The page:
Illustration: Aïda Amer/Axios
The European Union's move to open antitrust investigations of Apple Tuesday is a reminder that the attack against tech giants over their market power is not limited to America's borders.
Why it matters: Tech companies have historically faced some of their harshest criticism and judgments from Europe, though companies including Microsoft, Facebook and Google have been able to largely absorb the punishments levied. But a wider antitrust press by the EU could inform the accelerating U.S. probes, pry additional data and concessions from the companies, and add pressure on U.S. regulators to act.
Driving the news:
- The EU announced formal antitrust investigations of Apple Tuesday for forcing app developers to use its proprietary system to offer in-app subscriptions — for which Apple takes a 30% cut— and for blocking developers from informing users of ways they can pay for in-app content that don't go through Apple.
- Separately, according to a report from the Wall Street Journal, the European Commission is readying antitrust charges against Amazon, accusing the e-commerce giant of using data from third-party sellers to develop competing products.
"Antitrust enforcers seem to have finally woken up to the fact that having a few digital gatekeepers with power over their competitors is really problematic," Stacy Mitchell, co-director of the Institute for Local Self-Reliance, told Axios.
Context: Europe's moves come as federal and state antitrust agencies as well as lawmakers are already probing Google, Facebook, Amazon and Apple in the U.S. for anticompetitive practices.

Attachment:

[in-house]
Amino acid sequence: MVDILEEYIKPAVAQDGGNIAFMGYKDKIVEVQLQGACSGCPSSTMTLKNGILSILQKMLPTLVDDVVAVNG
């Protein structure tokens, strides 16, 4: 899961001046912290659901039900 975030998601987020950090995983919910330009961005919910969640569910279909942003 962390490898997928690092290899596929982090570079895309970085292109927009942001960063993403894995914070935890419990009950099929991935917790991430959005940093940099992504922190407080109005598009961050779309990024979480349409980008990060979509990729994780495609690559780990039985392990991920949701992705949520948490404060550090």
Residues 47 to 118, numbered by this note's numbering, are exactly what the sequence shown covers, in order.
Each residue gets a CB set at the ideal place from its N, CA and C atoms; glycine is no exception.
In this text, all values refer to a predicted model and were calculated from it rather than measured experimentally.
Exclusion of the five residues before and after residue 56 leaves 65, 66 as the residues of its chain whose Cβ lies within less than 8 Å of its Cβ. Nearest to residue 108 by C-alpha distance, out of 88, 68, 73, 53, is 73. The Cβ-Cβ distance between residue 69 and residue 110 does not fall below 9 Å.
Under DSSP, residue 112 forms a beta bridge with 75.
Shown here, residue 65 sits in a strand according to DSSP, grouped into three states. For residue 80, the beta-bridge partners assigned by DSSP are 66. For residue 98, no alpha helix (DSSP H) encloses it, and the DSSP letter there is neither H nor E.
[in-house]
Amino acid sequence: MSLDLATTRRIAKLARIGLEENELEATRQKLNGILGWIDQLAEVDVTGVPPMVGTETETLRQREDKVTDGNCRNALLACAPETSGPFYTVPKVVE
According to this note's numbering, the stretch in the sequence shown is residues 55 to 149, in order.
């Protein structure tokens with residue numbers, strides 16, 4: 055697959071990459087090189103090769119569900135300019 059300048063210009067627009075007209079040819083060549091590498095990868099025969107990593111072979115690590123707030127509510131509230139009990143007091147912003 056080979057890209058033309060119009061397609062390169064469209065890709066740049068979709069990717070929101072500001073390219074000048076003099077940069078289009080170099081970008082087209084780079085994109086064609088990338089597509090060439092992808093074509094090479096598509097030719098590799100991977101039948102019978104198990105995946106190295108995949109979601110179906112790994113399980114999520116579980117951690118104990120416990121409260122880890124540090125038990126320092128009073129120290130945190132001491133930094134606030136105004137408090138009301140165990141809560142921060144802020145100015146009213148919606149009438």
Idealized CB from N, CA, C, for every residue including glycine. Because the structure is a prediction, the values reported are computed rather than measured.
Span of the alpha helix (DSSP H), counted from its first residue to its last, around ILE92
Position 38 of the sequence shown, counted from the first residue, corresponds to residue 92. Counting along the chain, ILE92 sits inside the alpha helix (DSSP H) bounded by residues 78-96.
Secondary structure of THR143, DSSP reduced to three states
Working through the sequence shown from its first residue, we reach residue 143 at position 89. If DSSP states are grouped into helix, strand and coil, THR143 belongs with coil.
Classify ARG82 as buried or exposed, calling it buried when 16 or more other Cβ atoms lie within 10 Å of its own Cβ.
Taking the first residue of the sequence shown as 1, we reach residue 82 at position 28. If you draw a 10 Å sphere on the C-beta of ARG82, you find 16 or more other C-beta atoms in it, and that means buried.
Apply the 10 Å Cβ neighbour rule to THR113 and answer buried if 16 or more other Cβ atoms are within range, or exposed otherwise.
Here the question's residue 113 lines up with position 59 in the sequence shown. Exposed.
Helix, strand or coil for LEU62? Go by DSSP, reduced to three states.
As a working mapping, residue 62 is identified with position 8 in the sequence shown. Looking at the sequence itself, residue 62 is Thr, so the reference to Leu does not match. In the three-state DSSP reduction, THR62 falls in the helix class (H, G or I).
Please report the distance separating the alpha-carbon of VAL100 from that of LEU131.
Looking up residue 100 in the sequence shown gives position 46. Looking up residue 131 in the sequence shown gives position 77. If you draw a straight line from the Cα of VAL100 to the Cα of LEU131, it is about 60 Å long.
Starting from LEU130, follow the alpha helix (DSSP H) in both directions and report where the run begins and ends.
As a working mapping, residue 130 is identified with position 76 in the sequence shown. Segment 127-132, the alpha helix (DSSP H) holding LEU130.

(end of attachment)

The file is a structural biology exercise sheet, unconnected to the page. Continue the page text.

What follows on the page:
- Some of the investigations are expected to lead to lawsuits this summer, while the House Judiciary Committee is pressuring tech company CEOs to testify next month as part of its tech antitrust review.
In Apple's case, the EU is looking into grievances that a number of firms have voiced for years.
- Spotify complained to the EU last year accusing Apple of working to "deliberately disadvantage other app developers" by taking the 30% commission while facing no such such surcharge on its own apps. Apple Music competes with Spotify.
- And just on Tuesday, Apple rejected an app update from Hey, a new email service from Basecamp, and threatened to pull it from the App Store altogether after it sought to direct customers to its own website to pay subscription fees. (Hey costs $99 a year.)
- "It's clear they feel embolden[ed] to tighten the screws with no fear of regulatory consequences," tweeted Basecamp CTO David Heinemeier Hansson.
- For its part, Apple said in a statement that it is "disappointing the European Commission is advancing baseless complaints from a handful of companies who simply want a free ride, and don't want to play by the same rules as everyone else." Apple also reported this week that the App Store drove $519 billion in billings and sales for outside companies last year.
The big picture: The EU has moved aggressively against U.S. tech companies in recent years. Yet its investigations have typically ended in fines that don't trigger major changes in company behavior.
- The EU has leveled billions in antitrust fines against Google, for instance, but search rival DuckDuckGo argues the EU's remedy in its 2018 case against Google has been ineffective.
- "They have a track record of undertaking investigations with really serious antitrust charges only to close them with a fine that simply becomes another line item in a company’s operating expense," Mitchell said.
Yes, but: If the EU learns from those past experiences and looks to bring greater structural changes to bear — or even delivers antitrust cases that are perceived as hard-hitting — that could up expectations for their American counterparts.
- U.S. regulators in turn may be able to draw on evidence the Europeans collect to build their own case against domestic tech giants, despite having a narrower mandate than their EU counterparts.
- "If by some definition the Europeans bring a big case, you don’t want to bring forth a small case," said William Kovacic, a former member of the Federal Trade Commission and director of the Competition Law Center at George Washington University. "It creates more pressure for the U.S. agencies to act and to act in a way that’s no less bold than the Europeans."